Socrates At the elderly age of seventy, Socrates found himself fighting against an indictment of impiety. He was unsuccessful at trial in the year 399 B.C. The charges were corrupting the youth of Athens, not believing in the traditional gods in whom the city believed, and finally, that he believed in other new divinities. In Platos Apology, Socrates defends himself against these charges. He claims that the jurors opinions are biased because they had probably all seen Aristophanes comedy The Clouds. The Socrates portrayed in Aristophanes Clouds is an altogether different character than that of the Apology. The two different impressions of Socrates lead to quite opposite opinions with regard ...
    Related: socrates, falls short, free will, different perspective, lacking
  • Socrates - 1,015 words
    Socrates Socrates is a noteworthy and important historical figure as a philosopher, because of his and his pupils influence on the development of the philosophical world. His teachings, famous arguments, and ideas began the outgrowth of all later western philosophies. Born in 469 BC just outside of Athens, Socrates was brought up properly, and thoroughly educated. He was raised as most Athenians; developing both physical and mental strengths. Socrates then went on to learn from Archelaus the philosopher. Here he studied astronomy, mathematics, and was introduced to philosophy, which was a new concept at the time. Archelaus taught of explanations for the world with a scientific approach. Socr ...
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  • Socrates - 1,043 words
    ... s of punishment other than death to satisfy his crime. Instead of proposing a reasonable penalty, Socrates suggested ridiculous ones which angered the jury; causing them to vote on the death penalty once again. Socrates did not seem to mind at all. He was sent to prison and lived their surrounded by his friends and disciples for his last few days. His life ended by drinking hemlock as his friends cried at his bedside. Only after this scandalous death, did all of Greece realize what they had done; that they had killed one of the greatest philosophers of all time. Socrates life achievements were vast. He introduced new ideas and theories into the philosophical world. His pupil, Plato, went ...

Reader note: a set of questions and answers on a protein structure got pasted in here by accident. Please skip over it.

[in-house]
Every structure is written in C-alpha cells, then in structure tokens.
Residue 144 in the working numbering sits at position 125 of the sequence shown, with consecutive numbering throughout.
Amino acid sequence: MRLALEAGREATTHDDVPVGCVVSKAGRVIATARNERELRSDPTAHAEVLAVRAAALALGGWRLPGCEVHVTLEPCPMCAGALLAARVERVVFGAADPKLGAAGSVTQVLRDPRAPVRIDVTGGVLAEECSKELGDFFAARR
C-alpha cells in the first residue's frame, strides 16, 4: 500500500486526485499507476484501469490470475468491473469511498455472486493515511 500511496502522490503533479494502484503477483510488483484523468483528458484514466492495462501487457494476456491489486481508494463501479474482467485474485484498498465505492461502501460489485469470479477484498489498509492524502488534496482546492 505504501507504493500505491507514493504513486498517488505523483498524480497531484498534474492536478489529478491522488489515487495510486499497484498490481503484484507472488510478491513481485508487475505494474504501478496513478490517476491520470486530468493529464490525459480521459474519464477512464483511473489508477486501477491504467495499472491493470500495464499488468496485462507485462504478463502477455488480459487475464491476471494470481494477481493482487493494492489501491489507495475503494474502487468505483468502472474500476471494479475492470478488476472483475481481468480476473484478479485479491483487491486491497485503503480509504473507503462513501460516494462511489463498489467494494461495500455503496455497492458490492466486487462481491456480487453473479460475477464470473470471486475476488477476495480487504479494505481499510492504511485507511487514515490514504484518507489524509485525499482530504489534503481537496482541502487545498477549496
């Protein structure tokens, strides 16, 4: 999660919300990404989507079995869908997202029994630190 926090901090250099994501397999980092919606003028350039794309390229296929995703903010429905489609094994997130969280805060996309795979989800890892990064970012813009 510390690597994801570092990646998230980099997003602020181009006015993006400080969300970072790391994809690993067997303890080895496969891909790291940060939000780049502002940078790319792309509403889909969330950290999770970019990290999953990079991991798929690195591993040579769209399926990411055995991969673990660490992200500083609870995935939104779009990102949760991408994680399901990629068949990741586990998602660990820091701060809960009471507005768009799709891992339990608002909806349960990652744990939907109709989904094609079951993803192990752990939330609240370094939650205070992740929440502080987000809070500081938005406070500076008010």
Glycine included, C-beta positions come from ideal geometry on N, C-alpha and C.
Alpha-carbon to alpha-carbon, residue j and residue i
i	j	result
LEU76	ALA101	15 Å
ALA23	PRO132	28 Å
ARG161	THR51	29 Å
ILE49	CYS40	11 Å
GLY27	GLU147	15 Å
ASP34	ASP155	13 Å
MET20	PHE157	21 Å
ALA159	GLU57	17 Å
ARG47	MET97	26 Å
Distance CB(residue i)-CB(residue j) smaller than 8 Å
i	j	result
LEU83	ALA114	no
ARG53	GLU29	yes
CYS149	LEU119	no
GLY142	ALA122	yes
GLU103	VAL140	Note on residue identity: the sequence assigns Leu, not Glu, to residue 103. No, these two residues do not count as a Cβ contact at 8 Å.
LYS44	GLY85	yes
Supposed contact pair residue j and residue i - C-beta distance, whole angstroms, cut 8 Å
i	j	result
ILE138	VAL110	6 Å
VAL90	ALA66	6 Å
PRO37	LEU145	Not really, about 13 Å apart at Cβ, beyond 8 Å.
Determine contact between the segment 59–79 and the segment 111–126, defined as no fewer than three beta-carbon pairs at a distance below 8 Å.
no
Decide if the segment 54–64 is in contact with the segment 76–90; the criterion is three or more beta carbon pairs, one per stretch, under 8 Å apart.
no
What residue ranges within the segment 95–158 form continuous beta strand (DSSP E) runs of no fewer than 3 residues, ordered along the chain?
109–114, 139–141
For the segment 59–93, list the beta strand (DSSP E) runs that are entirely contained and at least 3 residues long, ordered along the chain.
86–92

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  • Socrates - 218 words
    Socrates Socrates believed in speaking the truth. In his speeches, his true character is revealed. He is an individual, who lived only to spread knowledge. Socrates was humble, knowing that he was no wiser than anyone. In not recording his knowledge, he was able to devote more time to thought. He did not take money for his teachings, the poor and rich could learn from him. Socrates spent much time seeking out "wise" men, and showing them to be fools. He had perseverance, continuing to urge people to think. In his own words he was gadfly. By answering questions with a question, he urged people to find their own answers. Socrates was a selfless man, wanting only to bring goodness to the Atheni ...